Morgan (2015) attributed this barrier to (1) male managers holding negative biases regarding the performance of female managers, and (2) male managers’ personal preferences not to work with women. These negative biases are also referred to as implicit bias, or unconscious attitudes and stereotypes. Implicit bias affects how women are perceived in leadership positions, even though leadership research indicates no gender differences in ability to lead. Because women are not implicitly associated with traits of successful leaders, they are not hired. Additionally, women are less likely to receive a mentor or have female role models that would assist them in moving into positions of leadership.
Other factors that may reduce women’s chances of top-level positions include a lack of participation in expatriate jobs, which are important to advancement in many companies. Because 90% of women professionals are in dual-career marriages compared to only 50% of men, finding a spousal job abroad is difficult and adversely affects a women’s ability to work overseas (Kossek et al., 2017). Further, more women than men experience career interruptions. Women who take time off from work to care for children or other family members indicate they are penalized, both financially and in career advancement (Pew Research Center, 2013).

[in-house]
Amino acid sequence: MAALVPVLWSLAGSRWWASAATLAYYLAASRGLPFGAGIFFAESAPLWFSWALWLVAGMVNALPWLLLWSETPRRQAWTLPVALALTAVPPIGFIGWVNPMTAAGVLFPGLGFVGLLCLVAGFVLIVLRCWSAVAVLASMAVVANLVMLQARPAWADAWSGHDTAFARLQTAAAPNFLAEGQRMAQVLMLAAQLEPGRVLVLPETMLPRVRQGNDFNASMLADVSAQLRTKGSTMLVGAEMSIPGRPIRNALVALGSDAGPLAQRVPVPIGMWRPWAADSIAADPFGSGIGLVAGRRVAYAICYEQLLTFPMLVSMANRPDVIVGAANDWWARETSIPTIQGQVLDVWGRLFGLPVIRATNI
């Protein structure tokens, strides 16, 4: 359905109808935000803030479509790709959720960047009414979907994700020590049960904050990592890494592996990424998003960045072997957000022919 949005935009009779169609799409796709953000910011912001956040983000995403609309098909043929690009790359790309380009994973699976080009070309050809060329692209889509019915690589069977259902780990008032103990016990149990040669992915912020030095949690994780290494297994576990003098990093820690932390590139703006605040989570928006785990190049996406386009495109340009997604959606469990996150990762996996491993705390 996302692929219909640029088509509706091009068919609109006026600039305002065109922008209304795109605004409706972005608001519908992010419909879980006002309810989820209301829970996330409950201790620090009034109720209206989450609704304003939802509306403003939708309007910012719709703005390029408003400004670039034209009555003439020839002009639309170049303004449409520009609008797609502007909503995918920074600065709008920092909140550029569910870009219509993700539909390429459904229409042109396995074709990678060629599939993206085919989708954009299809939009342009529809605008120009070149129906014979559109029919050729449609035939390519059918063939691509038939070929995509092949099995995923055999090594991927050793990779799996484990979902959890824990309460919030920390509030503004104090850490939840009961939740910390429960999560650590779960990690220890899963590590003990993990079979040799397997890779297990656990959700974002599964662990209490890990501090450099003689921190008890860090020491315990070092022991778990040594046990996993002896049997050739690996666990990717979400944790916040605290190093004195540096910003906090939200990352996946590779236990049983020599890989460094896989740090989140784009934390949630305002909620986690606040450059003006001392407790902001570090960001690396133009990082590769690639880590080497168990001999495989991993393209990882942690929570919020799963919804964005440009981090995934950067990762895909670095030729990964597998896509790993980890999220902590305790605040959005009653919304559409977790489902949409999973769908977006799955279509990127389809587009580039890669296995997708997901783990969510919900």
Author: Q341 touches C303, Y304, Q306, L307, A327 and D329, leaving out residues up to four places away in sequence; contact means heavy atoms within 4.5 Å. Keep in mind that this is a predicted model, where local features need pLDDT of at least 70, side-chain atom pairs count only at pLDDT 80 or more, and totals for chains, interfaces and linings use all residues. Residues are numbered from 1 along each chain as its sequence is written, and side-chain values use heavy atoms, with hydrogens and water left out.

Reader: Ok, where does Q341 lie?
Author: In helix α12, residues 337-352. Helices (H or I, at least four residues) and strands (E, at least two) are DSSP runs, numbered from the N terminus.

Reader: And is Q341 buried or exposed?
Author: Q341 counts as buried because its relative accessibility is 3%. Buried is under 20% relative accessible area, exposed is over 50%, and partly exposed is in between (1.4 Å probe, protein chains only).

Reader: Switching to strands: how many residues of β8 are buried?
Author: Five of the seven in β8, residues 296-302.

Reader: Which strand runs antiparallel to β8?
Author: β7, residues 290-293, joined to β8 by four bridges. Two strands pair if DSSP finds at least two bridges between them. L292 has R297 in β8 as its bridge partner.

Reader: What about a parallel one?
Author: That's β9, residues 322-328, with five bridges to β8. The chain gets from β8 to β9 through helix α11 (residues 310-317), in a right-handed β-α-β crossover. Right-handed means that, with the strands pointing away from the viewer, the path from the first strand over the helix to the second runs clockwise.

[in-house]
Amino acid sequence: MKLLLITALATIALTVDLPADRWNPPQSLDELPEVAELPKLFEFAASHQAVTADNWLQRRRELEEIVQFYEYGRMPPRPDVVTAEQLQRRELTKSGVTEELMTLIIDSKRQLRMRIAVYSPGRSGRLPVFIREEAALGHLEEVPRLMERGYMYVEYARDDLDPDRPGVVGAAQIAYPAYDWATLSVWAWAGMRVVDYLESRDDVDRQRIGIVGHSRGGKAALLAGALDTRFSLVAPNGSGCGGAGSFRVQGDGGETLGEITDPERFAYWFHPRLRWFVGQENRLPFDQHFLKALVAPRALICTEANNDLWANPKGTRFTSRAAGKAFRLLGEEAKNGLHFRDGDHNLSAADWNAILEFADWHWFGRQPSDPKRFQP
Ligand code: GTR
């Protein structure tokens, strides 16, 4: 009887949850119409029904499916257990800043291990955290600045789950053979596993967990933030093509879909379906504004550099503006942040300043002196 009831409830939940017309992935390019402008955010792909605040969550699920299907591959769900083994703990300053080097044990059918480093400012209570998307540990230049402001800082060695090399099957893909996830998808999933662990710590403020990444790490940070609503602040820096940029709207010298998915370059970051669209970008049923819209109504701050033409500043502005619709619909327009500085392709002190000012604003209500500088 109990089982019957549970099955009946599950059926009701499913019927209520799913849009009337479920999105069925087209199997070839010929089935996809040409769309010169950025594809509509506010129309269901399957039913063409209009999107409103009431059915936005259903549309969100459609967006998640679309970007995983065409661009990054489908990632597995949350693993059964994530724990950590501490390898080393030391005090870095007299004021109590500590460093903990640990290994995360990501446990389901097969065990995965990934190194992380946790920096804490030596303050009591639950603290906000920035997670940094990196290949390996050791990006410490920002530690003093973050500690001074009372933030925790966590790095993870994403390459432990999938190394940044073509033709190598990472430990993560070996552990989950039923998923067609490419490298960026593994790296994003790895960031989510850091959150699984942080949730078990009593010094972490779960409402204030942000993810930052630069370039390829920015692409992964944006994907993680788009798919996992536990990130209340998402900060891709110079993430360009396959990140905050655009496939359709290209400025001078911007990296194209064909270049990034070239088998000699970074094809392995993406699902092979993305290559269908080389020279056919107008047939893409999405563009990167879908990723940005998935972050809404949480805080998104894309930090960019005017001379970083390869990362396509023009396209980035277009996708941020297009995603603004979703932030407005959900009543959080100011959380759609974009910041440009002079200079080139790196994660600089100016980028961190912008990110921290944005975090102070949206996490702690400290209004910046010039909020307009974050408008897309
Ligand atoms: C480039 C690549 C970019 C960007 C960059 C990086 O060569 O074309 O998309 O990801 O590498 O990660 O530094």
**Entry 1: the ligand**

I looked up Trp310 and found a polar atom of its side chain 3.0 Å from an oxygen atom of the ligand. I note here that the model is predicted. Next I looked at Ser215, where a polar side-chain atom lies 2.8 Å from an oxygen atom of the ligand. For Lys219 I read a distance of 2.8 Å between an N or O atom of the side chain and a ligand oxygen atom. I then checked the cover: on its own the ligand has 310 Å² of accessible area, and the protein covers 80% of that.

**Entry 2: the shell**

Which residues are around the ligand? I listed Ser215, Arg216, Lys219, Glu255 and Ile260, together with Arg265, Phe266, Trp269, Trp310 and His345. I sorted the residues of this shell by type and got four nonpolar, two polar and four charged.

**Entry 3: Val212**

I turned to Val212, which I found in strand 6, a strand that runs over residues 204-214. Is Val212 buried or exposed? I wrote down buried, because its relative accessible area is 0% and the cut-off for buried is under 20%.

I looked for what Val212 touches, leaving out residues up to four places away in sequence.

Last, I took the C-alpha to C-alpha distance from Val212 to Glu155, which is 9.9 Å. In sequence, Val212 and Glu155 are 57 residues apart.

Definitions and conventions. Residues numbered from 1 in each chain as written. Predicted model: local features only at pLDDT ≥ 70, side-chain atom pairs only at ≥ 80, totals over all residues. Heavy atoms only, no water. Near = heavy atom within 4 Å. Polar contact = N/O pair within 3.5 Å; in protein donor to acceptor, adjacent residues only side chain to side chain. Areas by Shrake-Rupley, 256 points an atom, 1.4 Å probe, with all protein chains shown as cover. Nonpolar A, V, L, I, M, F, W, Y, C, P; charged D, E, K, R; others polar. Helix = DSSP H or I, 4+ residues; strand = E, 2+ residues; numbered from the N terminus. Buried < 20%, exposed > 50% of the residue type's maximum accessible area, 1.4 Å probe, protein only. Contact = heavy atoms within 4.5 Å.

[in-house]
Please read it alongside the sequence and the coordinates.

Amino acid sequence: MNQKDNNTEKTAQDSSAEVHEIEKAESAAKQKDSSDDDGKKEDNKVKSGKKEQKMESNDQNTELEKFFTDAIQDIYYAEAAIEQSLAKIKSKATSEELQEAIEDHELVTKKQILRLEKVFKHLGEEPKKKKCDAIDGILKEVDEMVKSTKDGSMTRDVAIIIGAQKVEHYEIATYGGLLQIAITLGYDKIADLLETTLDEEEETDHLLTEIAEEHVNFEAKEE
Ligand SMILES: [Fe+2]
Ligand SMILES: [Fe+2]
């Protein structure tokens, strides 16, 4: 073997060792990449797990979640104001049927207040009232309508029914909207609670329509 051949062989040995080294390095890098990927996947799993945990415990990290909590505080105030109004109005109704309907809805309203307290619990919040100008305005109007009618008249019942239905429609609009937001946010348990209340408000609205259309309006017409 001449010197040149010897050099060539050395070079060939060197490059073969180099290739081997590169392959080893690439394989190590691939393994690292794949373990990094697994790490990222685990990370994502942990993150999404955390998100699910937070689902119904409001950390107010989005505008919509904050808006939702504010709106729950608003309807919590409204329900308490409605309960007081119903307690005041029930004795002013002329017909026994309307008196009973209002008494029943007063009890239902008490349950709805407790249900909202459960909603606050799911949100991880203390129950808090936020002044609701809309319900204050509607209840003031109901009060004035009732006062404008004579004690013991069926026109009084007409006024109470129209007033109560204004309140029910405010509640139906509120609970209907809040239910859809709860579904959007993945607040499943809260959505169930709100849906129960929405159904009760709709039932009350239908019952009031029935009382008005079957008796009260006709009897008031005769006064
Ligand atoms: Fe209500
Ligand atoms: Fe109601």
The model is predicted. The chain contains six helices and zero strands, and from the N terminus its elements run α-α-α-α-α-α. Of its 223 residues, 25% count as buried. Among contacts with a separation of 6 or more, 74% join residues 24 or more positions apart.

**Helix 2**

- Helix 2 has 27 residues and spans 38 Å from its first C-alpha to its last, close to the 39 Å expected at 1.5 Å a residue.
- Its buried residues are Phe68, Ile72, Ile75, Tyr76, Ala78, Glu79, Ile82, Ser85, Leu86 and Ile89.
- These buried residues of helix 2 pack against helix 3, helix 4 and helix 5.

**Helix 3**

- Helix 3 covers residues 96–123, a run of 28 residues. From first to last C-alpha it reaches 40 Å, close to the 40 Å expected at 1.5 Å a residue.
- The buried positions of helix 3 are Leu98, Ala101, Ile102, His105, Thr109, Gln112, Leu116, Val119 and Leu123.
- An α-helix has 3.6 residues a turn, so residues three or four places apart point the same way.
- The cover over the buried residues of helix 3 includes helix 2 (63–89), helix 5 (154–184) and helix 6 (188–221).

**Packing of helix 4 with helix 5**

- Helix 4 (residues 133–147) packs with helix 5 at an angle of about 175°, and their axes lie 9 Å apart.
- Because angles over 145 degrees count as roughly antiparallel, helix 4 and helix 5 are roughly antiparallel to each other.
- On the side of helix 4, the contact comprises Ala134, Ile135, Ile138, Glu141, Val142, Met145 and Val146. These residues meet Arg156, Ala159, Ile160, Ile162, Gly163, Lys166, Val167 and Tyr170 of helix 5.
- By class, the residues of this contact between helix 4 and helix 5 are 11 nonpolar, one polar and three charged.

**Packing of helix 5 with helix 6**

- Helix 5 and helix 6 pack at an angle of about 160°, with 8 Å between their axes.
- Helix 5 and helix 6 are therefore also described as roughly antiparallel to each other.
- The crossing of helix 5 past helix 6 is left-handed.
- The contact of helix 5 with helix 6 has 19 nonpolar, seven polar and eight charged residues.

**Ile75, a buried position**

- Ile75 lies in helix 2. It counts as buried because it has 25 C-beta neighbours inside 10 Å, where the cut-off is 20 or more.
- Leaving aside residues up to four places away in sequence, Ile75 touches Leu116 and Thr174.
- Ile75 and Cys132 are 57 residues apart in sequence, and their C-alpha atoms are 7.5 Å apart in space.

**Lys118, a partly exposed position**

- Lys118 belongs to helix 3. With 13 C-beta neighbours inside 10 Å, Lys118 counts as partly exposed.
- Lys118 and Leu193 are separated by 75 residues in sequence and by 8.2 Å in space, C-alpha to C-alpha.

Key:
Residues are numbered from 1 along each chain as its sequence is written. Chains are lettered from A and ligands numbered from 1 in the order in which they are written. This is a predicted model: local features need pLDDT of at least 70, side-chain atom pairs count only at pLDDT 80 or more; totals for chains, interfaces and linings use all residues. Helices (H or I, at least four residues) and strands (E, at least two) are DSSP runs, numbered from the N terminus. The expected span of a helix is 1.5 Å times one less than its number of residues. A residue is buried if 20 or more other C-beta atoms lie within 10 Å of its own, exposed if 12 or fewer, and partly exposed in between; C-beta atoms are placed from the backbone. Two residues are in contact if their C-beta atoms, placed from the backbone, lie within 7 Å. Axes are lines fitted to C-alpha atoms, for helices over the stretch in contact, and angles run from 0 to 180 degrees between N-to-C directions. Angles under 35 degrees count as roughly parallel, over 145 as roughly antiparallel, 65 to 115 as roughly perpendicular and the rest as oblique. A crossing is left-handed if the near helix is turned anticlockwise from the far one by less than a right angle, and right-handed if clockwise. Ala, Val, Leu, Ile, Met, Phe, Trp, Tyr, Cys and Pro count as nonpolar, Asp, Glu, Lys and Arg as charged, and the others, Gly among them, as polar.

Women also face what is known as the broken rung, or not being able to take the first step up into a management position. Without being able to move up the corporate ladder, they will not reach the top roles in management. Instead, they remain in positions with little opportunity for advancement. According to the most recent Women in the Workplace report (McKinsey & Co., 2019), only 72 women are promoted or hired into a manager role for every 100 men. Further, only 1 in 5 top executives are women, and for women of color, the number is only 1 in 25.
How are women judged when they attain a position of power?